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Thu, Mar 23, 2023

NTSB Issues Supplemental Circling Approach Guidance

Performing in the Round

Between 2008 and 2023, ten accidents involving aircraft operating under FAR Part 91 and FAR Part 135 occurred during circling maneuvers following both IFR and VFR approaches. Compelled by this disproportionately high incidence of mishaps, the National Transportation Safety Board (NTSB) has made public augmented guidance germane to circling maneuvers—which it encourages aviators of all experience levels to review and reflect upon.

The NTSB cites the following challenges:

  • Circling approaches are riskier than straight-in approaches on account of they require maneuvering at low altitude and low airspeed during the approach’s final segment, thereby increasing the opportunity for loss of aircraft control or collision with terrain. Subject risks are heightened when circling approaches are conducted under marginal or reduced visibility conditions.
  • While circling approaches may be advantageous due to wind conditions or necessary to accommodate traffic flow at airports, pilots occasionally fail to adequately evaluate the risks inherent circling maneuvers prior to commencing such—a scenario apt to occasion un-stabilized approaches
  • Circling approaches often preclude pilots’ observation of and adherence to stabilized approach criteria. Approaches should be stabilized by 1,000-feet Height Above Touchdown (HAT) in Instrument Meteorological Conditions (IMC), and by 500-feet HAT in Visual Meteorological Conditions (VMC).
  • When circling approaches are conducted in IMC, transitioning from instruments to ground references can cause the illusion of high speed if the aircraft’s flight instruments are improperly monitored.

The NTSB sets forth the following guidance:

  • Fully understand the risks inherent circling approaches and utilize sound judgment upon undertaking such.
  • Consider personal experience, limitations and aircraft performance when planning circling approaches. Prevailing weather and runway conditions; runway orientation; obstacles; aircraft attitude, altitude, airspeed, and configuration, should also be borne perpetually in mind.
  • Understand that ATC issuance of a circling approach may be declined. The Pilot In Command (PIC) of an aircraft may request alternate approach procedures or divert to an airport conducive to straight-in operations. Pilots are encouraged to make ATC aware of their concerns or reservations and to decline any instructions or clearances they are uncomfortable performing.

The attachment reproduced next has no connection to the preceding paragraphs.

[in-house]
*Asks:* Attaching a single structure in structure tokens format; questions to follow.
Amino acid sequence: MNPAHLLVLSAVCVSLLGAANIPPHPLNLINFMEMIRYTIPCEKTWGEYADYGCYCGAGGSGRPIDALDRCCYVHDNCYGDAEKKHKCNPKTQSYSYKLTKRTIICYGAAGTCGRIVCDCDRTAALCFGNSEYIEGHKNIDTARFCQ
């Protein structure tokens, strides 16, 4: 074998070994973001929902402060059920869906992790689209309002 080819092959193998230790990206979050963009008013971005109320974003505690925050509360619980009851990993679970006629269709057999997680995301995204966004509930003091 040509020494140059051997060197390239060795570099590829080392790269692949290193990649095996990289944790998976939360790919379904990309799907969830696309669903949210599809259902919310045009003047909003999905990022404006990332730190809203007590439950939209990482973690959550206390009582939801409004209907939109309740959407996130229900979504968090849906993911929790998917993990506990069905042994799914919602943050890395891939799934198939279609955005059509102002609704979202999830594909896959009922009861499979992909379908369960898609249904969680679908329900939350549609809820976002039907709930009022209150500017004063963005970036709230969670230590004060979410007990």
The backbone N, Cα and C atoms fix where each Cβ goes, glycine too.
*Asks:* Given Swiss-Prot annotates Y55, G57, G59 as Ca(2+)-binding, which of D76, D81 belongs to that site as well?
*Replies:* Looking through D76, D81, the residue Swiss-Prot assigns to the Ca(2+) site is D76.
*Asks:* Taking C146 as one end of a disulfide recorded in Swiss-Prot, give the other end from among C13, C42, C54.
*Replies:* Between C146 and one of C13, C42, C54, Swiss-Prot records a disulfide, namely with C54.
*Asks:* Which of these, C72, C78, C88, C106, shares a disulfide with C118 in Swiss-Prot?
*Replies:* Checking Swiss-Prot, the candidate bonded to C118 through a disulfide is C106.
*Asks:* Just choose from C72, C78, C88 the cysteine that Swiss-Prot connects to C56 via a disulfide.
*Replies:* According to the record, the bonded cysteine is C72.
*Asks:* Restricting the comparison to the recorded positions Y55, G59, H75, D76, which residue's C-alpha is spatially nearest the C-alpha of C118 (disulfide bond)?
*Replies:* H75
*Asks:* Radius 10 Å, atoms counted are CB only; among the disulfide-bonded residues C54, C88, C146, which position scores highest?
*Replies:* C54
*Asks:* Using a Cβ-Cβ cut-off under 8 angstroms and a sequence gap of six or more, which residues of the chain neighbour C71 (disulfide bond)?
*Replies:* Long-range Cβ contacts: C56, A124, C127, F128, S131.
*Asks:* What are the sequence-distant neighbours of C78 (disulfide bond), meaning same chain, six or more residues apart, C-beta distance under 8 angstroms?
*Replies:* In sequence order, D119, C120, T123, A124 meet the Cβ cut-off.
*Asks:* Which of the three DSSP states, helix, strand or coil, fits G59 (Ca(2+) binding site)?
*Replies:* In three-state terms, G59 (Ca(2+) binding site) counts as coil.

• Acquire recurring, scenario-based training in realistic environments that includes circling approaches. Practicing such approaches routinely will increase pilot proficiency and diminish apprehension vis-à-vis circling maneuvers.
  • Prior to commencing a circling approach, pilots are encouraged to conduct a comprehensive briefing specifying when the circling maneuver will commence, descent altitudes and fixes, airspeeds, aircraft configuration, and go-around (or missed approach) criteria and procedures.
  • Pilots conducting circling approaches are reminded to remain at or above published circline minima until the aircraft is in a position from which a descent to a landing on the intended runway can be made at a normal descent rate using normal maneuvers.
  • For purpose of ensuring stabilized approach criteria are met while conducting circling approaches, pilots must continuously monitor aircraft altitude—even under VMC conditions.

Parties interested in additional information pertaining to best practices instrument flying are invited to reference:

  • The Federal Aviation Administration’s (FAA’s) Instrument Procedures Handbook, FAA-H-8083-16B, Chapter 4, “Approaches”—which discusses the risks involved with circling approaches and the circumstances in which they might be performed.
  • The FAA’s Aeronautical Information Manual, Section 4, “Arrival Procedures”—which reminds pilots of the rules and procedures pertaining to circling approaches and the risks and factors meriting consideration before accepting such approaches.
  • NTSB Safety Alert SA-077, “Stabilized Approaches Lead to Safe Landings”—which presents guidelines for maintaining stabilized approaches and reminds pilots to eschew attempts to salvage un-stabilized approaches.
  • NTSB Safety Alert SA-023, “Pilots Manage Risks to Ensure Safety”—which outlines the importance of conducting risk management and recognizing personal skill-level and proficiency.
 
FMI: www.ntsb.gov

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